Hollywood is one of the most recognizable attraction and location in the Los Angeles metropolitan area.
The area’s entertainment origin began in 1911 when the Nestor Company opened Hollywood’s first film studio in an old tavern on the corner of Sunset and Gower. Not long thereafter Cecil B. DeMille and D. W. Griffith began making movies in the area drawn to the community for its open space and moderate climate.
The needs of this thriving new industry created radical changes in the community causing a clash between older and newer residents. Acres of agricultural land south of what-is-now Hollywood Boulevard were subdivided and developed as housing for the enormous numbers of workers that movie-making required.
The architectural styles of the buildings were representative of those most popular between the World Wars. Banks were typically designed in the more formal Beaux Arts styles, but other buildings in the community took on more playful personalities.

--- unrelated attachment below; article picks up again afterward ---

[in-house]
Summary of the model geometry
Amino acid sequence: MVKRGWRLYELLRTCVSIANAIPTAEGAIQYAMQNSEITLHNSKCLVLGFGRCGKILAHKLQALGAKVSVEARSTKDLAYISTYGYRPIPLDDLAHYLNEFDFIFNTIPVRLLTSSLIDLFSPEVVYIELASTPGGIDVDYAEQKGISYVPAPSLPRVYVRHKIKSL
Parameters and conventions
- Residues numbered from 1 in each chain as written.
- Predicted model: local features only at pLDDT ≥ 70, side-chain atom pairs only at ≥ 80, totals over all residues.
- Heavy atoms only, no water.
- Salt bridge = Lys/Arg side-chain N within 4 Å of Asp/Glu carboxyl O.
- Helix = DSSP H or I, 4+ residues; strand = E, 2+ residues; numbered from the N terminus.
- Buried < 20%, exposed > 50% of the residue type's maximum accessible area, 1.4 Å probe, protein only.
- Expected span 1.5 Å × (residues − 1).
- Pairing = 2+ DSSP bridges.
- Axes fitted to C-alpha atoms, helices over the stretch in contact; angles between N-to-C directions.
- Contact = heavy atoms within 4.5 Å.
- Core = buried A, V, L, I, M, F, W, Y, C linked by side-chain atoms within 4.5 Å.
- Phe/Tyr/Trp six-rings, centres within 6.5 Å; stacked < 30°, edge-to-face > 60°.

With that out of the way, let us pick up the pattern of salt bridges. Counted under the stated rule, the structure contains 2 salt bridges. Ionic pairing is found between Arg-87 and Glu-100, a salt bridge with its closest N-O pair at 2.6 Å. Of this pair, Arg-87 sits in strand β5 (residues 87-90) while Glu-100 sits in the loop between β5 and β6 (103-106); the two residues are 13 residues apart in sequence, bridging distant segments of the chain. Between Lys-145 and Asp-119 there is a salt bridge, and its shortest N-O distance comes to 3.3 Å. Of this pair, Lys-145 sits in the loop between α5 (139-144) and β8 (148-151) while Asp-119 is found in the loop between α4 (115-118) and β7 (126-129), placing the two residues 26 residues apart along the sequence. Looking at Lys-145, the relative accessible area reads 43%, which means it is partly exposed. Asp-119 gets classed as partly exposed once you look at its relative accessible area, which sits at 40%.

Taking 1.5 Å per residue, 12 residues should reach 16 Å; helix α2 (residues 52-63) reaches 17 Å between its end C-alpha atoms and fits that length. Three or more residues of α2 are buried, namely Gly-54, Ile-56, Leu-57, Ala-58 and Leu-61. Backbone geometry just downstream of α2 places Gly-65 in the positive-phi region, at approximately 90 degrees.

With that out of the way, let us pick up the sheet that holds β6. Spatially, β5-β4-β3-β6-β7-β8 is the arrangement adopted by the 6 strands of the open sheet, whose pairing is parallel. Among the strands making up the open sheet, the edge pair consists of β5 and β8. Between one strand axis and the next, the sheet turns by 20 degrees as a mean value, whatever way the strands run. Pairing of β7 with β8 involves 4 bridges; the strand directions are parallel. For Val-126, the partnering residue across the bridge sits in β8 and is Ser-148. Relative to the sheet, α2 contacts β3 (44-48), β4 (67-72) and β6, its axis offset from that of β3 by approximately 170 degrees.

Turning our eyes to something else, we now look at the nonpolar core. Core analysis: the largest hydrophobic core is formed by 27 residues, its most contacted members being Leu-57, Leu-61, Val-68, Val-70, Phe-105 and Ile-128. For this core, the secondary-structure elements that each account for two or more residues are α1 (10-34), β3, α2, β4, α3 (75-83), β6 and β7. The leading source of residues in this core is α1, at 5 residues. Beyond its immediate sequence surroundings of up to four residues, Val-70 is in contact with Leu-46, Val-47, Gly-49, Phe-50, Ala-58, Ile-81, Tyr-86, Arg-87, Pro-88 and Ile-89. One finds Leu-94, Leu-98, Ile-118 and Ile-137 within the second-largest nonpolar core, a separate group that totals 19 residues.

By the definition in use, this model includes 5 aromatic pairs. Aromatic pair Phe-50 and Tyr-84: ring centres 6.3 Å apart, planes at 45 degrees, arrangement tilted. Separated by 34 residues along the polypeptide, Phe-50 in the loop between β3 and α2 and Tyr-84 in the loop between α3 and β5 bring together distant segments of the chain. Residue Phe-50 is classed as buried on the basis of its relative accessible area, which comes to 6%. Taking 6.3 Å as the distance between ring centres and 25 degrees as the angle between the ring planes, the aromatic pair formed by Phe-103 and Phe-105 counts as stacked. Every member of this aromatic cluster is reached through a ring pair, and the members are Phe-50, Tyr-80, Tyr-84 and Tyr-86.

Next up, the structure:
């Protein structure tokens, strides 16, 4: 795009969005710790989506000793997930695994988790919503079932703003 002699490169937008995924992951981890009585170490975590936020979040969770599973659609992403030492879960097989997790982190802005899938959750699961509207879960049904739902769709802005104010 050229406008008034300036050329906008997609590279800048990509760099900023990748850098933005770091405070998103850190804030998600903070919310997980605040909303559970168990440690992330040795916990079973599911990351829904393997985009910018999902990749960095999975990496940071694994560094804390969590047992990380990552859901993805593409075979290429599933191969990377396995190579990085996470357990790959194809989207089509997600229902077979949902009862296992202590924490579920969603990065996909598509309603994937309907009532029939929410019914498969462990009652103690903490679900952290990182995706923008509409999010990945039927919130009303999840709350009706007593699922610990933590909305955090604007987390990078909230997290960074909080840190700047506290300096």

The ornamental Spanish Colonial Revival style reflected Hollywood’s self-conscious extravagance while the new Art Deco and Moderne styles fit the community’s aspirations for glamour and sophistication.
Hollywood has been anything but static, however, and after a few decades as the capital of film glamour, the neighborhood changed again. Although much of the studio work remained in Hollywood, many stars moved to Beverly Hills, and the elegant shops and restaurants left with them.
Hollywood today is a diverse, vital, and active community striving to preserve the elegant buildings from its past. Much of the movie industry remains in the area, although the neighborhood’s outward appearance has changed.
In 1985, the Hollywood Boulevard commercial and entertainment district was officially listed in the National Register of Historic Places protecting the neighborhood’s important buildings and seeing to it that the significance of Hollywood’s past would always be a part of its future.